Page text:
There’s an aspect of the political polls that I suspect many people are unaware of.
As percentage support for each party is reported, most people probably assume that more people are supporting the parties that show an increase in percent support and fewer people are supporting those that show a decrease.
It’s not quite that straightforward.
As ‘swordfish’ has emphasised in some posts on the blog ‘Sub-Zero Politics‘ (in-between amazing photos of Norway and the Faroe Islands), if you ignore the undecideds you can get a very misleading picture of the state of the political mind of the electorate.
Looking back over the last two years of Fairfax/Ipsos polling with due consideration given to the undecided voters there’s some interesting insights to be had into that mind.
Those insights also raise questions about how poll results are being reported and why they’re being reported in the way they are.
Below is a graph (and corresponding table) of party support over the last two years of Fairfax/Ipsos political polls expressed as the actual number of people per poll who affirmed support for the four main political parties.
There’s a few interesting points to make about this graph. There’s a couple of things to remember, though, before making those points.
- Each poll sampled roughly 1,000 people (usually marginally over). Avowed support for each party can therefore be expressed as a percentage of (roughly) a random sample of one thousand people. The Green Party, for example, is supported by just under or just over 100 people per poll. Avowed support per 1,000 New Zealanders is therefore 10.0% of the adult population.
- For now, I’ll ignore all the debates over polling methodology (e.g., landlines versus cellphones, who is more likely to answer phones or agree to participate, etc.). I’ll assume, that is, that the (roughly) 1,000 people sampled in each poll is a truly random sample.
Given those two points, what does the graph show?
First – and perhaps most surprising for many people who’ve read the headlines about these polls – the number of people in a sample of 1,000 adult New Zealanders who express support for the National Party has hardly changed over the past two years.
The greatest number of people out of the polling samples over that time who expressed support for National was 442 in November 2012. The smallest number was 372 in February 2013. That’s a range of 70 people over the two years – or about 7% of the 1,000 voter sample.
If you look at the trend line for the National Party (the thinner, reddish line running through the blue National Party polling line) it shows a very small incline from left to right (for the statistically inclined, the R² value is 0.02723, very low). It’s about the equivalent of adding something less than 10 voters out of 1,000 – or 1% of the sample.
Further, the largest number of people avowing support for National was in the November 2012 poll at 442 (out of the roughly 1,000 polled). That’s 44.2% of adult New Zealanders. The percentage party support reported in the poll – based on only the preferences of the ‘decided’ voters who were likely to vote – was 46.3%.
The latest poll, however, has a reported percentage support for National of 56.5%. The number of actual people in that poll who avowed support for the National Party was 439 – three fewer people than in the November 2012 poll.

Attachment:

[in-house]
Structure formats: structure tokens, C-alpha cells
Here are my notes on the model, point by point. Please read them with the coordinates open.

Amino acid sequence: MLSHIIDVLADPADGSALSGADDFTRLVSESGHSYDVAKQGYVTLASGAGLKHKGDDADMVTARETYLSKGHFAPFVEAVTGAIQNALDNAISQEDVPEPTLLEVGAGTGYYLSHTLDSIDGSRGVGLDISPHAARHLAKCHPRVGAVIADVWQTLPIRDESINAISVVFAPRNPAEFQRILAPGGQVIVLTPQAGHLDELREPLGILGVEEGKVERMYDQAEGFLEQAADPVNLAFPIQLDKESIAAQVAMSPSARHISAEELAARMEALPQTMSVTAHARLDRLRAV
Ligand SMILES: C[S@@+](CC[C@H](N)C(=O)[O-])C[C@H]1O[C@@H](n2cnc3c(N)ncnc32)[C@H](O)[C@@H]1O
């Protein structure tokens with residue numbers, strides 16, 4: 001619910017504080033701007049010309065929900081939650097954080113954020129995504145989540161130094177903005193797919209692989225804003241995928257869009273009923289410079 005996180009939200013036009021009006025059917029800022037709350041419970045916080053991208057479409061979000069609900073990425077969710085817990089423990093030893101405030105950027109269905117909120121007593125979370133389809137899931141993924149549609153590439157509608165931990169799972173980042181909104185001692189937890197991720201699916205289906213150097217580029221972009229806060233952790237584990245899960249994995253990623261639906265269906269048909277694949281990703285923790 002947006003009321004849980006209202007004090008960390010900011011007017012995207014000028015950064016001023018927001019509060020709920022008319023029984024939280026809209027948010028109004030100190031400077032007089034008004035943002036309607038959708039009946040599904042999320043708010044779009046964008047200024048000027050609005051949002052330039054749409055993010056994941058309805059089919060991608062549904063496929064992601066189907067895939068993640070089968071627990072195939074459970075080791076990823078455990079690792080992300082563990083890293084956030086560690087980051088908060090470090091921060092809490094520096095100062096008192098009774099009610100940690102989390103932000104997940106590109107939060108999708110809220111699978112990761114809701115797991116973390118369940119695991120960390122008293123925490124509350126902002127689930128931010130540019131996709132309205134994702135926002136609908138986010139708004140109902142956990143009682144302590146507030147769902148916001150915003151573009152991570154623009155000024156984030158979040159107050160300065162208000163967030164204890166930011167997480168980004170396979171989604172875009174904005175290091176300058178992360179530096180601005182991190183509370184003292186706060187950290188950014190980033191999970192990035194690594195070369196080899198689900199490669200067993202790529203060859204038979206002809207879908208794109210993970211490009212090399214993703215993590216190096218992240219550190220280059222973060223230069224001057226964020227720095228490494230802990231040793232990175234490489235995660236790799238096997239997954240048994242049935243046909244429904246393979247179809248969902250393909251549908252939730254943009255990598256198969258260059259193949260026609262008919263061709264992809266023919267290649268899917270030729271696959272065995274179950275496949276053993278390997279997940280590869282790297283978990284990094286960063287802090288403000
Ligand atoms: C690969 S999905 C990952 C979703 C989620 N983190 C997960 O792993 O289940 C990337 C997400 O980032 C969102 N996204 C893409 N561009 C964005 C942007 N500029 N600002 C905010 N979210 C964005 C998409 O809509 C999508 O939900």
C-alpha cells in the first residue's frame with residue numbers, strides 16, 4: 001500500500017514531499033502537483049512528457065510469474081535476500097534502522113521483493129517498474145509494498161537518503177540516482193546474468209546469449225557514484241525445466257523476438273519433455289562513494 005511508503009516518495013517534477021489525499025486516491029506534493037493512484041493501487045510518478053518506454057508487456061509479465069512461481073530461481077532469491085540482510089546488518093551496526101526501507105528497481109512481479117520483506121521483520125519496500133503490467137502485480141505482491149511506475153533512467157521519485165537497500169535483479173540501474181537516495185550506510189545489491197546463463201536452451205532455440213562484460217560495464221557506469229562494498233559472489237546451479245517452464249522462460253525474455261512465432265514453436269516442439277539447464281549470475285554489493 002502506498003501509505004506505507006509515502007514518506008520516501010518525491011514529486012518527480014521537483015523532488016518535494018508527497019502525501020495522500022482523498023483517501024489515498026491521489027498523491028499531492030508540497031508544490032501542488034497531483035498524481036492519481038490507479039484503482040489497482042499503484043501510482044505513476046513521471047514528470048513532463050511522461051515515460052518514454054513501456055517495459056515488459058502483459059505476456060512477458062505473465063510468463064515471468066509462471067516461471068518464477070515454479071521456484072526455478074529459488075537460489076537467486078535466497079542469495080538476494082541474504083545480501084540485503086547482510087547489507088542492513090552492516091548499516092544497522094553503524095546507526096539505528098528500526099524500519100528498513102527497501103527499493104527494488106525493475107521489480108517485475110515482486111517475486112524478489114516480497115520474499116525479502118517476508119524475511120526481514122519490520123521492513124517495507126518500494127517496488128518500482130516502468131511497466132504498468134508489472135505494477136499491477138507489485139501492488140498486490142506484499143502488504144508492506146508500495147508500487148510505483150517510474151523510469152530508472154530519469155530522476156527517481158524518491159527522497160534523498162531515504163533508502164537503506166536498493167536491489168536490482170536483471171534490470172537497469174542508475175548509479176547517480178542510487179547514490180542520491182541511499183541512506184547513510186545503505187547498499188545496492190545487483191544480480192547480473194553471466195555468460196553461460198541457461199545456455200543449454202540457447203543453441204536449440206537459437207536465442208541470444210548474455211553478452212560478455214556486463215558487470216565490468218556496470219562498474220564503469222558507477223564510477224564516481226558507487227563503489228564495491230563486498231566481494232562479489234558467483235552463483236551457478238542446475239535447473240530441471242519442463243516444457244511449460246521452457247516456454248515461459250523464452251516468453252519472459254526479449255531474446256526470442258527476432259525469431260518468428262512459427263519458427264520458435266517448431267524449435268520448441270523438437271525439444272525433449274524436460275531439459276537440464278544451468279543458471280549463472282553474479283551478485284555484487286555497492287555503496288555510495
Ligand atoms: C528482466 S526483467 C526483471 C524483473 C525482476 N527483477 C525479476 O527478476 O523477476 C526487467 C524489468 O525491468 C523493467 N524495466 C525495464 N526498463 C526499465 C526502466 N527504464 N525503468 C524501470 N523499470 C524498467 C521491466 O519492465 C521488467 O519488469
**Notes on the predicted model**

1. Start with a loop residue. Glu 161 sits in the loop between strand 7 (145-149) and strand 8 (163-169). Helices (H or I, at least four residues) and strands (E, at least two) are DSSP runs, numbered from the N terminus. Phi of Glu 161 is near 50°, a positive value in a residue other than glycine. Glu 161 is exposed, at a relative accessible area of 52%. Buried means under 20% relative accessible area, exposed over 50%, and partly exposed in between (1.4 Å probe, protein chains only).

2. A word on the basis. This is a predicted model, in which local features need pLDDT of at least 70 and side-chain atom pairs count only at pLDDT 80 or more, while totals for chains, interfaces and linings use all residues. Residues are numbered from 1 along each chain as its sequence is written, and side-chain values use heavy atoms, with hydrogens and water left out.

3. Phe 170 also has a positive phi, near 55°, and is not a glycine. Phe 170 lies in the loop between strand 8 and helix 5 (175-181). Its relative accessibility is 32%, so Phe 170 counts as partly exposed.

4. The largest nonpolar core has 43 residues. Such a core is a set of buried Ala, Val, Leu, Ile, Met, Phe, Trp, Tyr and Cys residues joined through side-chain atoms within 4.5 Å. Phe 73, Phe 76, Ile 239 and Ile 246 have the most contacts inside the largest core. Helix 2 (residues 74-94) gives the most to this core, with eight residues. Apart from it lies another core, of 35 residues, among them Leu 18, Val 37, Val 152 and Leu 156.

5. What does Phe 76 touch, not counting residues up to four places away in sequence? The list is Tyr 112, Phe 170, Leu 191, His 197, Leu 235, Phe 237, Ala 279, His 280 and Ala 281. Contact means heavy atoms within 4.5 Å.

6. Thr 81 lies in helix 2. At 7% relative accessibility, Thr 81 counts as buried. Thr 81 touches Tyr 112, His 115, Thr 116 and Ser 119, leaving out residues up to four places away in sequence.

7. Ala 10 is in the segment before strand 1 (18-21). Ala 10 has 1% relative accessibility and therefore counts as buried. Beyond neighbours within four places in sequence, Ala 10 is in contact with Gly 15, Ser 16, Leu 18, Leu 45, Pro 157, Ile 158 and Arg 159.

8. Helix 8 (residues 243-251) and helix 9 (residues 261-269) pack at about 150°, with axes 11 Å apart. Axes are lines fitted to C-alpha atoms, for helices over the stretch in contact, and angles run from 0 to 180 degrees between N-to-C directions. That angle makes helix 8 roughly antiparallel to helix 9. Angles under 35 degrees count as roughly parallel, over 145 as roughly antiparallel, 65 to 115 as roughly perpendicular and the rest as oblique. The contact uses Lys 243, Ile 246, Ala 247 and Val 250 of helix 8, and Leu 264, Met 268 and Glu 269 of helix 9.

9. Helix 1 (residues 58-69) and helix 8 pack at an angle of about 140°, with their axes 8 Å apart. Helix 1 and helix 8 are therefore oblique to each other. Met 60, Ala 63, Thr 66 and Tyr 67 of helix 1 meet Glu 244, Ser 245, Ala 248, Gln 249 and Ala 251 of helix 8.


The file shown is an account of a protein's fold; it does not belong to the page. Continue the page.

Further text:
So, the reported support for National between November 2012 and June 2014 appears to show a 10% increase in the proportion of New Zealanders supporting the party. Yet, there are (marginally) fewer people declaring their support for National in June 2014.
Put bluntly, National has pretty much no more support amongst New Zealanders now than it did two years ago. National is not, that is, ‘running away’ in terms of popularity. Its avowed support has barely shifted, if at all. Any headlines that speak of National ‘surging’ in the Fairfax polls or ‘increased support’ for National are therefore quite misleading.
While National’s solid but stagnant level of support might be initially surprising it shouldn’t be. The National Party vote in the 2011 election was, in absolute votes, only marginally greater than it had been in 2008. It gained 1,058,636 party votes in 2011 and 1,053,398 in 2008. That’s a total increase of 5,238 votes over a period when the total number of registered voters increased by 80,088 electors.
Second – The Green Party support, as mentioned, has also been pretty steady. As with National Party support, those avowing to support the Green Party has varied within a reasonably narrow range (though, at lower overall support, that variation does matter perhaps more for the Green Party than for National).
The number of people expressing support for the Green Party has ranged between 106 (in July 2012) to 84/85 in February 2014. (The trend line has a R² of 0.11803). The range is the equivalent of 21 people or 2.1% of the 1,000 sample size.
For both National and the Green Party it seems that the voting base remains committed and entrenched. (It’s beyond the scope of this post, but the reason for the similarly steady polling may be that the demographics overlap or commitment is more ideological for these groups – and ideology is hard to shift.)
Putting aside questions about the proportion of ‘swapping’ between parties occurring in the population, the nett effect is a reasonably constant appeal.